In 2012, it was revealed that Ethicon, a subsidiary of Johnson & Johnson sold Gynecare Prolift for three years without receiving approval from the FDA. The FDA only became aware of the product after Ethicon attempted to use the device as a predicate for its 510(k) approval of a different device in 2007. For several years, the Gynecare Prolift product was marketed as an “innovative and effective surgical option” for women with pelvic organ prolapse (“POP”).
Ethicon claimed that Prolift did not require approval given that it was very similar to a previously approved device. However, the FDA indicated that it was improper to market the product without proper clearance and submission of an approval application. It is estimated that 100 complaints regarding the product had been reported once the FDA discovered that Ethicon had marketed the product without approval. Even worse, Ethicon had touted Prolift as having “rare complications” in patient brochures.
This is one of several events that has prompted widespread concern regarding the 510(k) approval process. This approval process permits manufacturers to base their applications for approval on a predicate device or previously approved device. By basing approval on a previous device, the company is not required to perform any clinical testing or supply clinical data on its products. See our previous blog post on the danger of the 510(k) process here.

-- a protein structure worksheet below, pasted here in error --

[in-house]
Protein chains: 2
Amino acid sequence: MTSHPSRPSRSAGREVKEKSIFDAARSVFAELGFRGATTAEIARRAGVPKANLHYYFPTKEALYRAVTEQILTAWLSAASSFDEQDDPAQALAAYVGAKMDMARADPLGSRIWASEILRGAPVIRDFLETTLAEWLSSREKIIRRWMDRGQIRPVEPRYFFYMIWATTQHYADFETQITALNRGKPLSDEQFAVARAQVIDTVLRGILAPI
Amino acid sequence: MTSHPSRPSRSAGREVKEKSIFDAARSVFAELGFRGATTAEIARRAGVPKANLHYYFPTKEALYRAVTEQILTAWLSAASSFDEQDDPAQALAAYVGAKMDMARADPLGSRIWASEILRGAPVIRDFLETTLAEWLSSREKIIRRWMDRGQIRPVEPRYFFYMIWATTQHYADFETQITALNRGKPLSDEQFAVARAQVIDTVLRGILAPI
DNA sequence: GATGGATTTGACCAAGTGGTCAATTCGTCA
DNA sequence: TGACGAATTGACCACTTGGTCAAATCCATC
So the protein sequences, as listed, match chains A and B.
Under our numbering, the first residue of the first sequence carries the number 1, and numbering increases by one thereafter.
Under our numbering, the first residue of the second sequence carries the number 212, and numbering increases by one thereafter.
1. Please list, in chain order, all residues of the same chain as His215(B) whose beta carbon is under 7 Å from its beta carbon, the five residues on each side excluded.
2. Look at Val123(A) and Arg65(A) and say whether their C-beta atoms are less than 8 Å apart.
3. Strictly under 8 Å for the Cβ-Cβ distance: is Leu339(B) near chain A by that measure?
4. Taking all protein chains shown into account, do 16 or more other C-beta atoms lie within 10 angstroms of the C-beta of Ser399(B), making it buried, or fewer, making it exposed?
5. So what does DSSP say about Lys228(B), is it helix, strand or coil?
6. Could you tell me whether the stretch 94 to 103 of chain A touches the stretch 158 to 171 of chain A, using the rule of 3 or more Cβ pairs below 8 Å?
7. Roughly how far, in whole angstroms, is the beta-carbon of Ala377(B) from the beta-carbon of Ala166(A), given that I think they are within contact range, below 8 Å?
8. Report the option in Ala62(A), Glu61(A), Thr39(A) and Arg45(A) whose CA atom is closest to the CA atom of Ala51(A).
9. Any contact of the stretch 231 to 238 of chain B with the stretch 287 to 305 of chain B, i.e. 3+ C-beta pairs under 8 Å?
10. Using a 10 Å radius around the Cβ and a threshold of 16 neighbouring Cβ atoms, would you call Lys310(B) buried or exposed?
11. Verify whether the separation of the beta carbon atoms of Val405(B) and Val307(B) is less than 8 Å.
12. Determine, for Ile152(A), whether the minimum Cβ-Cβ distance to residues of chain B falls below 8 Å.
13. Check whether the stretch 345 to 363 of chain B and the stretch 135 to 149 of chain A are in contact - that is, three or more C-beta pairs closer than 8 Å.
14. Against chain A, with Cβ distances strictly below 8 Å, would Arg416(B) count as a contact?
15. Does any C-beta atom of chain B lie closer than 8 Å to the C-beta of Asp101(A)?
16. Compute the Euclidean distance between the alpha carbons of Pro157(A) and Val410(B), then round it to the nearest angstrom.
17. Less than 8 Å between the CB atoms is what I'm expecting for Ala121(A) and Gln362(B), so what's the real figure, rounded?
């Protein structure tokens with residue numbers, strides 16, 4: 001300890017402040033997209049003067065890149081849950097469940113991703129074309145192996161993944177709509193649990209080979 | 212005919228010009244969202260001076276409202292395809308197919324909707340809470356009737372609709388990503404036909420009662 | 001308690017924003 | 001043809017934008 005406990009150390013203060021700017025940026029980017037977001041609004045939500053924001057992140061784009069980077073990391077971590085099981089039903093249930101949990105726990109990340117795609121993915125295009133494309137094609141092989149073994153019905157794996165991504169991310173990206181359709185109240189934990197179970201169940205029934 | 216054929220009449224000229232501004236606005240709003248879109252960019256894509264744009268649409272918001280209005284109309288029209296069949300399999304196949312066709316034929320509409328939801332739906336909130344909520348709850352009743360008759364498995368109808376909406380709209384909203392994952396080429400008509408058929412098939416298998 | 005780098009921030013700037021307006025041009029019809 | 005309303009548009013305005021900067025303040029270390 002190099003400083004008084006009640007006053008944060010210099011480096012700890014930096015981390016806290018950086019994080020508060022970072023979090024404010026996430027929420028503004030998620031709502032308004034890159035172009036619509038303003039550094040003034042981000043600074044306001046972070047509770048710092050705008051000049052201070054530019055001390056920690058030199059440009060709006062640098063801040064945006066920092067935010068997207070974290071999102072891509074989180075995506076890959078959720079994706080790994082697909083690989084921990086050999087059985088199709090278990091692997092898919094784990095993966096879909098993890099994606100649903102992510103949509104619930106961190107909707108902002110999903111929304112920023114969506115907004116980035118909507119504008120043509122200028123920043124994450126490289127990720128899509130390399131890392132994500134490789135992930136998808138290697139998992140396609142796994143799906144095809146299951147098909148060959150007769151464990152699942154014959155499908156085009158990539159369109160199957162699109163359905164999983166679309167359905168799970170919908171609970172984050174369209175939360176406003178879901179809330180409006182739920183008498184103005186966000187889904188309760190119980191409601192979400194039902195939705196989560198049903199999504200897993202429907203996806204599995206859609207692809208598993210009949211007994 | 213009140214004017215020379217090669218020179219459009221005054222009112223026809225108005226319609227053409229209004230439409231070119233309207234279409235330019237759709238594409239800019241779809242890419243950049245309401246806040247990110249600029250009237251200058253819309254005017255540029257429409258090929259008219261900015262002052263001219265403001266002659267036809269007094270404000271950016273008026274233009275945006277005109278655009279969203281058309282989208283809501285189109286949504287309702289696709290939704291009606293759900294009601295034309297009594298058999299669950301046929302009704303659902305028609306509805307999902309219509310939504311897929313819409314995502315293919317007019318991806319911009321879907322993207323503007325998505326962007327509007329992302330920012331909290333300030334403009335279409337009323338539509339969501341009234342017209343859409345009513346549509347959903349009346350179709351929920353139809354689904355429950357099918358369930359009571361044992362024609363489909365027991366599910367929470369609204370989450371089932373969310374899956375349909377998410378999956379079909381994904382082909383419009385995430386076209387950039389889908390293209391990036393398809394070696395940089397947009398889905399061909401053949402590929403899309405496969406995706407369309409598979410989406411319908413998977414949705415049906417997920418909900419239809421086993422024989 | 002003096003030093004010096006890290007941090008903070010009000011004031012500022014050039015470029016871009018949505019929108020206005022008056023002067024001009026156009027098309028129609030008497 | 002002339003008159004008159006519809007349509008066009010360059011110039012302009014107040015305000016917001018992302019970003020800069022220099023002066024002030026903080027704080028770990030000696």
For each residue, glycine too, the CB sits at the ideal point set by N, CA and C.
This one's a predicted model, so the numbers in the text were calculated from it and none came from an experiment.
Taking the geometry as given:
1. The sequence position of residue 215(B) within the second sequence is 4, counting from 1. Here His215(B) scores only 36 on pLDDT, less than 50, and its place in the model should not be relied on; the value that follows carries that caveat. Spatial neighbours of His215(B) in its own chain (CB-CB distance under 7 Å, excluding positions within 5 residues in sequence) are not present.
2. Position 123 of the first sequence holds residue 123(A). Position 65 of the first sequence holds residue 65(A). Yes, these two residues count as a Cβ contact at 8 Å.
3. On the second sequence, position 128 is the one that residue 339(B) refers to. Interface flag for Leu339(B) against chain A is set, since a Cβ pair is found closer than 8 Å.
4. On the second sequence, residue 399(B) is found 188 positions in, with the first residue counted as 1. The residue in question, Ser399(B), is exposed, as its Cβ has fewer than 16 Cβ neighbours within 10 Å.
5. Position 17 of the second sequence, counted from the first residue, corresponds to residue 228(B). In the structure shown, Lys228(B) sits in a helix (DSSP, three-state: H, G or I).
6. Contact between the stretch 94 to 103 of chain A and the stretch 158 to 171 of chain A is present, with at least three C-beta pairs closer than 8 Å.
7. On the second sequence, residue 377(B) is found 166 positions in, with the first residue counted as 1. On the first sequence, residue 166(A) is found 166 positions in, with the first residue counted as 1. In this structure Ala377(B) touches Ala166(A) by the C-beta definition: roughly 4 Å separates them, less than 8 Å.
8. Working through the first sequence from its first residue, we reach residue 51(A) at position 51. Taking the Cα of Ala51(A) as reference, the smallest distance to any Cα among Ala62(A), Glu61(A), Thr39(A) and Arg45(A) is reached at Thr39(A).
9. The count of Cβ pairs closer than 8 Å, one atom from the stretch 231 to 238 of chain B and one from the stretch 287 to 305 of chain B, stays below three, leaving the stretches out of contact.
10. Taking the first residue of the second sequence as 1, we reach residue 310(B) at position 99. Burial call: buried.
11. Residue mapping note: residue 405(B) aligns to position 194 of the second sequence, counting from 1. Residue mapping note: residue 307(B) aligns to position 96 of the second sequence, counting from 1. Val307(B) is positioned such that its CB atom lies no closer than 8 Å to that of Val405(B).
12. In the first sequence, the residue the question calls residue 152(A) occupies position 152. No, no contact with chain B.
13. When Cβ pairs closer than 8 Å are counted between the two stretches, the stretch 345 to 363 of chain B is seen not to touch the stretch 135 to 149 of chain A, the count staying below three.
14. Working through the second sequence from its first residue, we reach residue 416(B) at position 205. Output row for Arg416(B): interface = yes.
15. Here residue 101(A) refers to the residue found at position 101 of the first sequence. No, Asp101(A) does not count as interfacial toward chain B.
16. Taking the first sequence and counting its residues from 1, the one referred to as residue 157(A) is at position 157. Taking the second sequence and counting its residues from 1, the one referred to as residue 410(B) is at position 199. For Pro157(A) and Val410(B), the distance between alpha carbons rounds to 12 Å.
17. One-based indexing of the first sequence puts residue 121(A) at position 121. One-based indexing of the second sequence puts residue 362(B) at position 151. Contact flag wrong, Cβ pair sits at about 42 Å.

Manufacturers have argued that the 510(K) process is very important to providing new and innovative medical devices to the public. However, the number of complications and recalls occurring in dozens of these vaginal mesh products has created panic regarding patient safety. In July 2011, the FDA stated that complications associated with the use of vaginal mesh products for treatment of pelvic organ prolapse are not rare. In January 2012, the FDA required mesh manufacturers to supply detailed information regarding the adverse events and complication rates associated with their products. Most recently, on April 29, 2014, the FDA reclassified mesh products used for pelvic organ prolapse as “high risk products.” The FDA found that the products carry significant risks.